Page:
FDA Commissioner Kessler wrote in the Journal of the American Medical Association in 1993 that: "Even with a conservative rupture rate of 5 percent, some 75,000 of the estimated 1 to 2 million women with implants would be at risk for potentially serious adverse health effects. That is not a safety standard that the FDA can accept."
Thousands of Women Suffering Illnesses Constitute more
Dr. Kessler of FDA states that studies have shown that silicone gel is a potent stimulant to the immune system and could generate antibodies that attack collagen, a component of connective tissue. In 1992, the FDA received more than 23,000 reports of problems with implants, including complaints of "bleeding" implants, connective tissue disorders that could lead to arthritis-like pain and swelling in the joints, fibrous tissue spreading around the implants, and swelling of skin and limbs.
Steven R. Weiner, associate professor of medicine at the University of California at Los Angeles, asserted in August 1994 that once you see these women, that's all it takes to be convinced silicone implants can make them sick .... There's no one who has seen a large number of these women who disagrees."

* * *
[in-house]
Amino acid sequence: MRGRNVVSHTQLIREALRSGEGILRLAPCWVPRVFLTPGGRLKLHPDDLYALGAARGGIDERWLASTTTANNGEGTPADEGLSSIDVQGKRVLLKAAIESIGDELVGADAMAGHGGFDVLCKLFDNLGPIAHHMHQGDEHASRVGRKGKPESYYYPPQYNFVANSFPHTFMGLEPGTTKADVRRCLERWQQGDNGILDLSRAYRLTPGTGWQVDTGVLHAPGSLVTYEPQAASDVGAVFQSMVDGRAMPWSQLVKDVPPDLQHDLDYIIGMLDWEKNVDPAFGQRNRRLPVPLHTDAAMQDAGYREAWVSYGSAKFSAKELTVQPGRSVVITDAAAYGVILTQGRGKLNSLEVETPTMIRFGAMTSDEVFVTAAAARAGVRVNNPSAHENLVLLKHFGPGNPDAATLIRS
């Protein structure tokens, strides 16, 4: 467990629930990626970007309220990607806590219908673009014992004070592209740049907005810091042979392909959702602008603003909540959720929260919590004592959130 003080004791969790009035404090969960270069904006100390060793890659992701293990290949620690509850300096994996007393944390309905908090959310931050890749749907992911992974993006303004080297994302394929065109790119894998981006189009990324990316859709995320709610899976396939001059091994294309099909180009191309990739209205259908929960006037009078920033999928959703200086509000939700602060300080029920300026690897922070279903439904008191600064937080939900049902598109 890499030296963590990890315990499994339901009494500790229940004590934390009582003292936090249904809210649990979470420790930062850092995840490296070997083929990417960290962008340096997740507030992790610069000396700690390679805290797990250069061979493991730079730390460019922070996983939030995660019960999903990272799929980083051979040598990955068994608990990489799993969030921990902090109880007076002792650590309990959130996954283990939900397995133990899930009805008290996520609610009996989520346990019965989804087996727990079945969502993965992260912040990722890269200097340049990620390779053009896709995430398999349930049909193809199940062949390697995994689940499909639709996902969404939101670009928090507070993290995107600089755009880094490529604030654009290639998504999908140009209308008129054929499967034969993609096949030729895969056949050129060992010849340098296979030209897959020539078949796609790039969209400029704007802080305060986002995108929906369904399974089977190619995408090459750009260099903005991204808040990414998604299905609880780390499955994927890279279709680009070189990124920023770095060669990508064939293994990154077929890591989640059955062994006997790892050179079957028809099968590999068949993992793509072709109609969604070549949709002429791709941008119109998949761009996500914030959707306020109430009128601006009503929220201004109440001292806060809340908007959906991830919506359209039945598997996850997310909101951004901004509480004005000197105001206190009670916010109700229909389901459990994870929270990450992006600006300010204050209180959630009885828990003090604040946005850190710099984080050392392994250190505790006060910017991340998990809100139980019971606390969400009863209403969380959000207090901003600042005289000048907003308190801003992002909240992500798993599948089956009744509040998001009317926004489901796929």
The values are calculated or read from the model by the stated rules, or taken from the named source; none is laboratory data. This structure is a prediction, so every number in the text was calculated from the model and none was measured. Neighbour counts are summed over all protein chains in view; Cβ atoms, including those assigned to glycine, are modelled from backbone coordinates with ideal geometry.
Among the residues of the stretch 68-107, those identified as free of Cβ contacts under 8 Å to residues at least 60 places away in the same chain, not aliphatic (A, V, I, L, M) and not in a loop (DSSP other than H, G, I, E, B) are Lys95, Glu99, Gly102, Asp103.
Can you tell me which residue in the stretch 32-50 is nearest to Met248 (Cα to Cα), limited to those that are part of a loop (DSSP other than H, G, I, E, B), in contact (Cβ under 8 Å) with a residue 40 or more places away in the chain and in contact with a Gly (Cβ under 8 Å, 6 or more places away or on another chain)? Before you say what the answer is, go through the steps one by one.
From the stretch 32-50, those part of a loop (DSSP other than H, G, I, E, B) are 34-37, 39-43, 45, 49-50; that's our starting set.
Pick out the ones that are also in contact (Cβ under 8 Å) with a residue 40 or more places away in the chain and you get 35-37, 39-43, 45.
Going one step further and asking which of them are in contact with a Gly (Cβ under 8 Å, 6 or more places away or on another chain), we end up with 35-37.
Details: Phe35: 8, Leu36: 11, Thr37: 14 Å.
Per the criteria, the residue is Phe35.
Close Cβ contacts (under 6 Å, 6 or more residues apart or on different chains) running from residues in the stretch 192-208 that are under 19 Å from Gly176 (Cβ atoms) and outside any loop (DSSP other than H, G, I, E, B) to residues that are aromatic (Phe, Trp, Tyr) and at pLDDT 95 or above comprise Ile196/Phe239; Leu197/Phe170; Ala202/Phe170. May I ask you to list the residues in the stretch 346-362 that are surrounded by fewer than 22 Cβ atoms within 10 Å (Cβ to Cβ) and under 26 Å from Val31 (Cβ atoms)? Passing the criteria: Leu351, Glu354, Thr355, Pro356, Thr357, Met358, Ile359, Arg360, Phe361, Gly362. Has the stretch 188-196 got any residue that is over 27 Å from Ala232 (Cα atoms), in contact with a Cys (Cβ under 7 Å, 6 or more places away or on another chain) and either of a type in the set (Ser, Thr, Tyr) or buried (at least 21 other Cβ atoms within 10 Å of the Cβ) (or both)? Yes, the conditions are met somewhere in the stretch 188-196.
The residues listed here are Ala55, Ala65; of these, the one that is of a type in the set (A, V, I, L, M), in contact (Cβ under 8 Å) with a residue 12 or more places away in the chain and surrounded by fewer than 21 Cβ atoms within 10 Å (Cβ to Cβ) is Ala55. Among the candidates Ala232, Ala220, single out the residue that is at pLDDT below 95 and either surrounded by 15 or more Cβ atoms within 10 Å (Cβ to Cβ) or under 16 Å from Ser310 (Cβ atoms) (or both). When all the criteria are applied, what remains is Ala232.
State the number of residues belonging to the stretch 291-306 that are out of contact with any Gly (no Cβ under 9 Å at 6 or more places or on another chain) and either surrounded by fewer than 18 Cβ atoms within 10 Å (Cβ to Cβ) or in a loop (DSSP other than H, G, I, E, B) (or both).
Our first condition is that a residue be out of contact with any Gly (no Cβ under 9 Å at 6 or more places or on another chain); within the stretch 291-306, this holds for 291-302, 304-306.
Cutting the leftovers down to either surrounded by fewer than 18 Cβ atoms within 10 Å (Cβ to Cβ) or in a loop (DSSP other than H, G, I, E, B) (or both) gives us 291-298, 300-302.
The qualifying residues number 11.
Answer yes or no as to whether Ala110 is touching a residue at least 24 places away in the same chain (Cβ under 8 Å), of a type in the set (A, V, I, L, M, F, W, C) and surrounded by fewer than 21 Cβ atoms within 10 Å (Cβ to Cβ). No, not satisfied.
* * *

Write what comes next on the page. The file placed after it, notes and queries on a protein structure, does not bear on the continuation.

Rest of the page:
Safety concerns prompted France in May 1995 to halt the importation, manufacture, sale or use of silicone-gel breast implants. In May, the Ministry of Health stated that implants filled with any product other than physiologic saline could rupture and "result in grave danger." France will not allow implants back on the market "until they have been definitely shown without risk to the user."
Two recent studies are fatally flawed